'Well, they're not letting me in. I don't blame them. Who'd want someone like me there? St Nessan's produces the great and the good; who needs a reminder that it sometimes produces drunks and criminals?'

Fr Delaney's face darkened.

'And who was it that said you couldn't go in?'
'Coyle, of course. He's the one in charge. I'm a disgrace to the school name, he told me, and said I should take myself off.'
Fr Delaney stared at the rather pathetic looking figure sitting on the steps. His phone rang. He looked at it. It was Coyle again. He ignored it.

'I take it this is the first time you've tried to come to one of these affairs?'
'That's right Father.'
'So why tonight? Don't take this the wrong way, but I know you're not a great man for going to Mass, so why is it so important to go here, tonight? Were you trying to make some kind of a point?'
Muris shook his head.
'It's not that. It's that … I don't know … my mother died recently, you know …'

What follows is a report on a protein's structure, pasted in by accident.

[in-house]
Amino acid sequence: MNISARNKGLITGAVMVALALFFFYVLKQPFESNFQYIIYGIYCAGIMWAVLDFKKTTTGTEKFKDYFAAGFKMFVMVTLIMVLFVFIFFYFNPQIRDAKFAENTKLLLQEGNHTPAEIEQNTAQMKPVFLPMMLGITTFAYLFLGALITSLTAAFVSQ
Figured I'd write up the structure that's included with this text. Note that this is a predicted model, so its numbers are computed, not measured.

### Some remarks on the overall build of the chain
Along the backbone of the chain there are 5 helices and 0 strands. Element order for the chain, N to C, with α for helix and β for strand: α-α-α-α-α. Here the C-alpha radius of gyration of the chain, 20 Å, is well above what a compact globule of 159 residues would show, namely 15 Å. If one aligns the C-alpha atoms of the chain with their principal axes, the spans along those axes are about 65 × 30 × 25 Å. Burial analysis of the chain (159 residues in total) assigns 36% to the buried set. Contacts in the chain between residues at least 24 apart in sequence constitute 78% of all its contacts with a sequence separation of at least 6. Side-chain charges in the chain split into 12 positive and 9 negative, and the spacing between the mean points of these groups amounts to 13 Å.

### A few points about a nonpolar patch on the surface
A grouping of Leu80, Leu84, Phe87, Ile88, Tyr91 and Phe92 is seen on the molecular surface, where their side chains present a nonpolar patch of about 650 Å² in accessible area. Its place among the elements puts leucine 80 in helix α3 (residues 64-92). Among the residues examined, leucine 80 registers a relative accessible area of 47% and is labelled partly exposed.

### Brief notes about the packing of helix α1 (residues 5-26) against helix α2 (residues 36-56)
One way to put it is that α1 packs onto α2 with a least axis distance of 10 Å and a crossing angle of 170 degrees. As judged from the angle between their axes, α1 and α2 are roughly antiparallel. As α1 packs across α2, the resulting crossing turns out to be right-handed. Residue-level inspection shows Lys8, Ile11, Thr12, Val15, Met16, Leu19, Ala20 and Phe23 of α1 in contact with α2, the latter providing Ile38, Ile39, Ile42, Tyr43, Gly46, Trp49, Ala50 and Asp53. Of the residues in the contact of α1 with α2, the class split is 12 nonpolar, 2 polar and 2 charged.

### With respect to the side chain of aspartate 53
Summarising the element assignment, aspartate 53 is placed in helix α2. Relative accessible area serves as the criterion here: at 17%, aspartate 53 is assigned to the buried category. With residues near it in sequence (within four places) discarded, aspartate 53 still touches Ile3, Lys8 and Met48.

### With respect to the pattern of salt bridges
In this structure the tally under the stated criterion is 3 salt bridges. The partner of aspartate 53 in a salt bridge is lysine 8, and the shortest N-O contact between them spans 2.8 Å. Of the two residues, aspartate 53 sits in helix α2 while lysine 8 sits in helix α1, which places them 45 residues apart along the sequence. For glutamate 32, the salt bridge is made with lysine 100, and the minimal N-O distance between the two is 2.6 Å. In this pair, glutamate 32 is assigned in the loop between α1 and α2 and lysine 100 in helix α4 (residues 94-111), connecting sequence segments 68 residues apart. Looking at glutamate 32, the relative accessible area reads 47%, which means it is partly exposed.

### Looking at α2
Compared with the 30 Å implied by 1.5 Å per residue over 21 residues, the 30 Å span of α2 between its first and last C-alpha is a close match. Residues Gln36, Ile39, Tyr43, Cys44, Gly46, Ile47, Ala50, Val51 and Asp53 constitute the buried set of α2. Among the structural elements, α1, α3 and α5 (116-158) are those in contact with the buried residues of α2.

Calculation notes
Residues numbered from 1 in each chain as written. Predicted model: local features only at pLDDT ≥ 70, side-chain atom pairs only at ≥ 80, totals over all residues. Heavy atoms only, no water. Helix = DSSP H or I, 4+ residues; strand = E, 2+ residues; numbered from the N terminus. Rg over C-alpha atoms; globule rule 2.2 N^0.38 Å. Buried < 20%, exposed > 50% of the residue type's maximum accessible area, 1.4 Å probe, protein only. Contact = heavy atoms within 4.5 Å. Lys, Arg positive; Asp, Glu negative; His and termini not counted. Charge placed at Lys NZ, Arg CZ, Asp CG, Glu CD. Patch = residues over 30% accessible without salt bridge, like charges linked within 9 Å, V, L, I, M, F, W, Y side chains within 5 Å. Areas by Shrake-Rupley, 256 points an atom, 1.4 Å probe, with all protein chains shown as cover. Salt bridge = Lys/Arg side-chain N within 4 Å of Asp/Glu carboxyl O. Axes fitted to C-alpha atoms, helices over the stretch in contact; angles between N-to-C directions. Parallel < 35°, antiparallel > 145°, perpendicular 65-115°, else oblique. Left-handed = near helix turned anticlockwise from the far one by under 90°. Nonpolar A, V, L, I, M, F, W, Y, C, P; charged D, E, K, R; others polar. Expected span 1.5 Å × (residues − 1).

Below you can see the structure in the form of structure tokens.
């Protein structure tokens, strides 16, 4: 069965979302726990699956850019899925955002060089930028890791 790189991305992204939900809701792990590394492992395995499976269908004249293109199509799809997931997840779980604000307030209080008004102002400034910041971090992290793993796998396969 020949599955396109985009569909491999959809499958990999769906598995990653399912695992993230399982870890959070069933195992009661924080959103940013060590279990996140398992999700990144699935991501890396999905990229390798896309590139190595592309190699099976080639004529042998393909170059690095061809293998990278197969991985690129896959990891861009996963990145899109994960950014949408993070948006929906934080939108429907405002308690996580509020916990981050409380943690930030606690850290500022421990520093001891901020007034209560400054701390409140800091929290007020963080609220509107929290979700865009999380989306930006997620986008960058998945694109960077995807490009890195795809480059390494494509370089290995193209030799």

'I didn't, Muris. I'm sorry to hear that.'
'Ah, she'd gone off to Dublin years ago. Probably felt I'd made a show of her around here. But she died, you know, and even if we didn't get on, she was still my mother … so I thought, maybe I should go to Mass and say a few prayers …'
'But you could do that in the town any day, Muris. Again, why here, why tonight?'

For a long while Muris said nothing.

'I don't know, really. It was just that here was the first place I thought of. I was an altar boy here, as well, you know. Maybe I wanted to come here because this was the only place I ever really felt close to God.'

Fr Delaney took out his pipe and sat down. Muris looked at him in surprise.

'Don't you have to go in Father? Mass is suppose to start soon.'
'I'm grand here.'

They sat there a while. Fr Delaney looked at the stars. A soft breeze stirred the trees in the avenues. In the pot next to him, geraniums were beginning to bloom. He could just smell their sharp aroma over that of the oil from the cars parked nearby. Behind them, the door slammed open.